• Are all your documents stored in one location?
• Are you confident that none of your documents are missing?
• Do you know how many copies of each document exist?
• Can you restrict access to these documents?
• Can the documents find themselves in the wrong hands?
• How vulnerable are your documents to a security breach?

The answers to these questions will reveal quite easily how secure your documents are and will give you an idea about the extent to which you are risking GDPR noncompliance.

Document management solutions

DMS organize and control documents throughout the organization. They store, retrieve, manage, and track electronic documents as well as scanned images of paper documents. They keep track of the document life cycle and also the audit trail. Automatic document workflows ensure that all the documents are approved in a timely manner.

GDPR compliance with DMS

Let us take a closer look and discuss the key elements of the GDPR rules. As we discuss each element, we will also talk about how a DMS will help you address them.

The right to be forgotten. Individuals reserve the right to request the deletion or removal of personal data when they see no compelling reason for its continued processing. If you use a DMS, you can handle requests such as these quite easily and in a timely manner. Because all files are stored in a central location, finding the relevant files is simple. When you are reasonably confident that all your files will be found and can be erased without having to keep a track of how many copies exist, you remain true to this element of GDPR compliance.

Privacy by design. GDPR puts businesses under a specific obligation to give data privacy due consideration all through the initial design, maintenance, and operational phases of information systems. This includes training employees to handle documents consistently, following standard procedures and protocols. A DMS ensures that the same processes and protocols are followed across the board. It also maintains clear audit trails regarding every activity that has taken place with regard to the document. Also, privacy controls and permissions restrict document access to authorized personnel only.

The right of access. GDPR enforces that individuals have the right to obtain access to their personal data so they can ascertain the lawfulness of the processing. This information must be provided to the individual within one month of the receipt of the request.

When you use DMS, information can be accessed quickly and easily, and can be sent to individuals exercising their right of access within the stipulated period. Moreover, audit trails for documents, including access to recycle bins in systemwide searches, make it possible to retrieve documents that are accidentally deleted, further ensuring that these data will always be easily retrievable in order to be passed on quickly.

The right to data portability. GDPR gives individuals the right to move, copy, or transfer personal data easily and securely from one IT environment to another, should they choose to switch to a different organization. GDPR requires that these data are made freely available to the new firm within one month of such a request. As we have already discussed, a DMS will ensure that companies can fulfill this requirement within the mandated time period.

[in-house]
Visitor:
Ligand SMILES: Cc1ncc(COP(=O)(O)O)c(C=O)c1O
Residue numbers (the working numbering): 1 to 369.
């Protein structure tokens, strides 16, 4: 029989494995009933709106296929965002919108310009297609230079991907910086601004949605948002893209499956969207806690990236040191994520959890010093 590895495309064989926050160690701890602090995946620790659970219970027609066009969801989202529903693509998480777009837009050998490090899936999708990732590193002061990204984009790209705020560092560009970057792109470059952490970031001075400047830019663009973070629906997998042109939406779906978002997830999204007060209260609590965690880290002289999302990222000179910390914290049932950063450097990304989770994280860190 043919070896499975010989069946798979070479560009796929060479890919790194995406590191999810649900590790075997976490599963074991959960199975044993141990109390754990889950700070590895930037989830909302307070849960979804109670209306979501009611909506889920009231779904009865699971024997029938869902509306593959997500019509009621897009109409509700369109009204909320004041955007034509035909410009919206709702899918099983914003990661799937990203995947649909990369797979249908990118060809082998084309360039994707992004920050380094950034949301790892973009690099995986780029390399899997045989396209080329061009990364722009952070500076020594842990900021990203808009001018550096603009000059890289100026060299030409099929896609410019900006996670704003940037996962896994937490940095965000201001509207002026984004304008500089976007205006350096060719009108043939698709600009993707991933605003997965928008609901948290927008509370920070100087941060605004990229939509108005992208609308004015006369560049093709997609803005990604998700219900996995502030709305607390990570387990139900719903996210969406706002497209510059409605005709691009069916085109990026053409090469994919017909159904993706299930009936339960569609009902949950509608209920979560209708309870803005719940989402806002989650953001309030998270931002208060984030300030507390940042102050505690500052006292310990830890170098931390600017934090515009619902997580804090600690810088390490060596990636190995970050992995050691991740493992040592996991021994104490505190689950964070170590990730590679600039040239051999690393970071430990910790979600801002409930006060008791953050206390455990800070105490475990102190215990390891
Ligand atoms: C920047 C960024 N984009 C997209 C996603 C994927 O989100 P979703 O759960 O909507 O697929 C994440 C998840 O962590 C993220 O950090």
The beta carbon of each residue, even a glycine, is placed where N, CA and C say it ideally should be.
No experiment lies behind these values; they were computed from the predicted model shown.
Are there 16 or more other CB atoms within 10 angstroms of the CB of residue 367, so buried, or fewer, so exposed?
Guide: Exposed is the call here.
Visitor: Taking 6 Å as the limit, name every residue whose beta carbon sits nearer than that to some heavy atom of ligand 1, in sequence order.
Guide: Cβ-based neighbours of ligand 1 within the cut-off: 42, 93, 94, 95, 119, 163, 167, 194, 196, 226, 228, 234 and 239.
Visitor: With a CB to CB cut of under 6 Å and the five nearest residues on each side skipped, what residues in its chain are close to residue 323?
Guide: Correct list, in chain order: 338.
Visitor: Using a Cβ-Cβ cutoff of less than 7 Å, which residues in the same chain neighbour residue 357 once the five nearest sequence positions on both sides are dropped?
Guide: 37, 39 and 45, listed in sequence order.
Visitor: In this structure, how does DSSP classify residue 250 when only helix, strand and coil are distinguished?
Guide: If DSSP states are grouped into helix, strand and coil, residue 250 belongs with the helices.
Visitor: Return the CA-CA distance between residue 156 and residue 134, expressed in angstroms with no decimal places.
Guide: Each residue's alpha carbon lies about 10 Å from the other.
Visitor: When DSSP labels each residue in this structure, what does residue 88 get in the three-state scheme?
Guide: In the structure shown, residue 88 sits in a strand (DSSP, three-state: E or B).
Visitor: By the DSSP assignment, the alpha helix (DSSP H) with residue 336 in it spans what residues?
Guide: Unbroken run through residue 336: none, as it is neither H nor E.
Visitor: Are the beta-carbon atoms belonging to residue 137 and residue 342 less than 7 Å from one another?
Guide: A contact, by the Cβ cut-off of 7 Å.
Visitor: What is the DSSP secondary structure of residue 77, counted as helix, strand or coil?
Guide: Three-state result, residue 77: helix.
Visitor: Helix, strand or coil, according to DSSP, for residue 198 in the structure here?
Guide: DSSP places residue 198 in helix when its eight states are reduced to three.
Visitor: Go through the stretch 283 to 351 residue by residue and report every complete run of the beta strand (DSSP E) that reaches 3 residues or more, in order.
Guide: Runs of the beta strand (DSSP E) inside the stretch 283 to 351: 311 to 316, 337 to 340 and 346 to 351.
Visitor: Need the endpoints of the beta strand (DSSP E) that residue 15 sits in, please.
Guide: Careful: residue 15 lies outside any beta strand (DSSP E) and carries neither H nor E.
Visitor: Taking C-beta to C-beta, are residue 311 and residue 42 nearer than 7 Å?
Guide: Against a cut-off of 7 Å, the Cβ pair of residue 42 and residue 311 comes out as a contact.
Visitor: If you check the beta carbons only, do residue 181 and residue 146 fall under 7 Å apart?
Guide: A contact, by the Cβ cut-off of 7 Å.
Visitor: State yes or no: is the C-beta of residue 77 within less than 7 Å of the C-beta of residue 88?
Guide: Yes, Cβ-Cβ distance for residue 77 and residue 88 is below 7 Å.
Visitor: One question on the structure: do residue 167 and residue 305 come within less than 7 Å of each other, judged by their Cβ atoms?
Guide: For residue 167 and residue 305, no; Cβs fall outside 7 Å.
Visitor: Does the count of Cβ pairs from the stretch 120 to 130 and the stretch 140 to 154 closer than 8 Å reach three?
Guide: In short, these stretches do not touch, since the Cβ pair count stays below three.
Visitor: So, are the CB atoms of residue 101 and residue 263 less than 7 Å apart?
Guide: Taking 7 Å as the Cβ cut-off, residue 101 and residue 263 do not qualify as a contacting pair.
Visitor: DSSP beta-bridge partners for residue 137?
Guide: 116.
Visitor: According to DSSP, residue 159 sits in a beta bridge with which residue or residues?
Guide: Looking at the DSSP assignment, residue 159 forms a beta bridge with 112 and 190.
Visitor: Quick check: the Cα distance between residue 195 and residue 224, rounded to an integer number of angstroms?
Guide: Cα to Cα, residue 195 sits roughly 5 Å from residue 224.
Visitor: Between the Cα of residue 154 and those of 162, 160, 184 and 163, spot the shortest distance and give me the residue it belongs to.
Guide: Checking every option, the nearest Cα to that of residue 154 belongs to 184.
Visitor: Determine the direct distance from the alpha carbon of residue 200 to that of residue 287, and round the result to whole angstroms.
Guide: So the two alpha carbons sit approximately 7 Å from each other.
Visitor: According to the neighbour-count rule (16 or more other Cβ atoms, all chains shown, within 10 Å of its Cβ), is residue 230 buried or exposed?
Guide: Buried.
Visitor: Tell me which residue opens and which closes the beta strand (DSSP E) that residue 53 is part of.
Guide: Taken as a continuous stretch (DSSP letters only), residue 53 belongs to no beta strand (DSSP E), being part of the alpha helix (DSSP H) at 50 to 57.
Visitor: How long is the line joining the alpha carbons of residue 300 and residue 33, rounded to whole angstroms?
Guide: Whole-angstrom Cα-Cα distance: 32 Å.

Breach notification standards. One of the most important GDPR rules is that organizations must disclose any personal data breaches to their supervisory authority within 72 hours of detection. In some cases, if there is an actual risk to the rights and freedom of an individual, the individual must also be notified. A DMS can detect such breaches and will report them immediately.

Data retention. GDPR rules do not stipulate any time periods for retaining personal data. However, the law does require that personal data must be retained only so long as it is necessary for processing. Organizations are therefore required to base their retention policies on the nature of their business and their industry. Data must be used only for the intended purpose when they were obtained and should not be retained indefinitely. DMS can be configured to securely delete information or a part of it that is no longer needed.


A document management system is critical not only for streamlining access to information and improving efficiency, but also for meeting compliance obligations. DMS today are based on the principles of privacy by design. Therefore, by using a DMS, you automatically remain compliant. There is no debating the fact that this is much better than trying to manage increasingly large data sets using manual and decentralized means.


About The Author

Himanshu Singh’s picture

Himanshu Singh

Himanshu Singh is a Marketing Specialist at SoftwareSuggest, He is well versed in software platforms like eCommerce platforms, project management, invoicing software. He is also interested in domains like Machine Learning and Semiconductors. In his spare time he enjoys Guitar, Badminton, and Photography.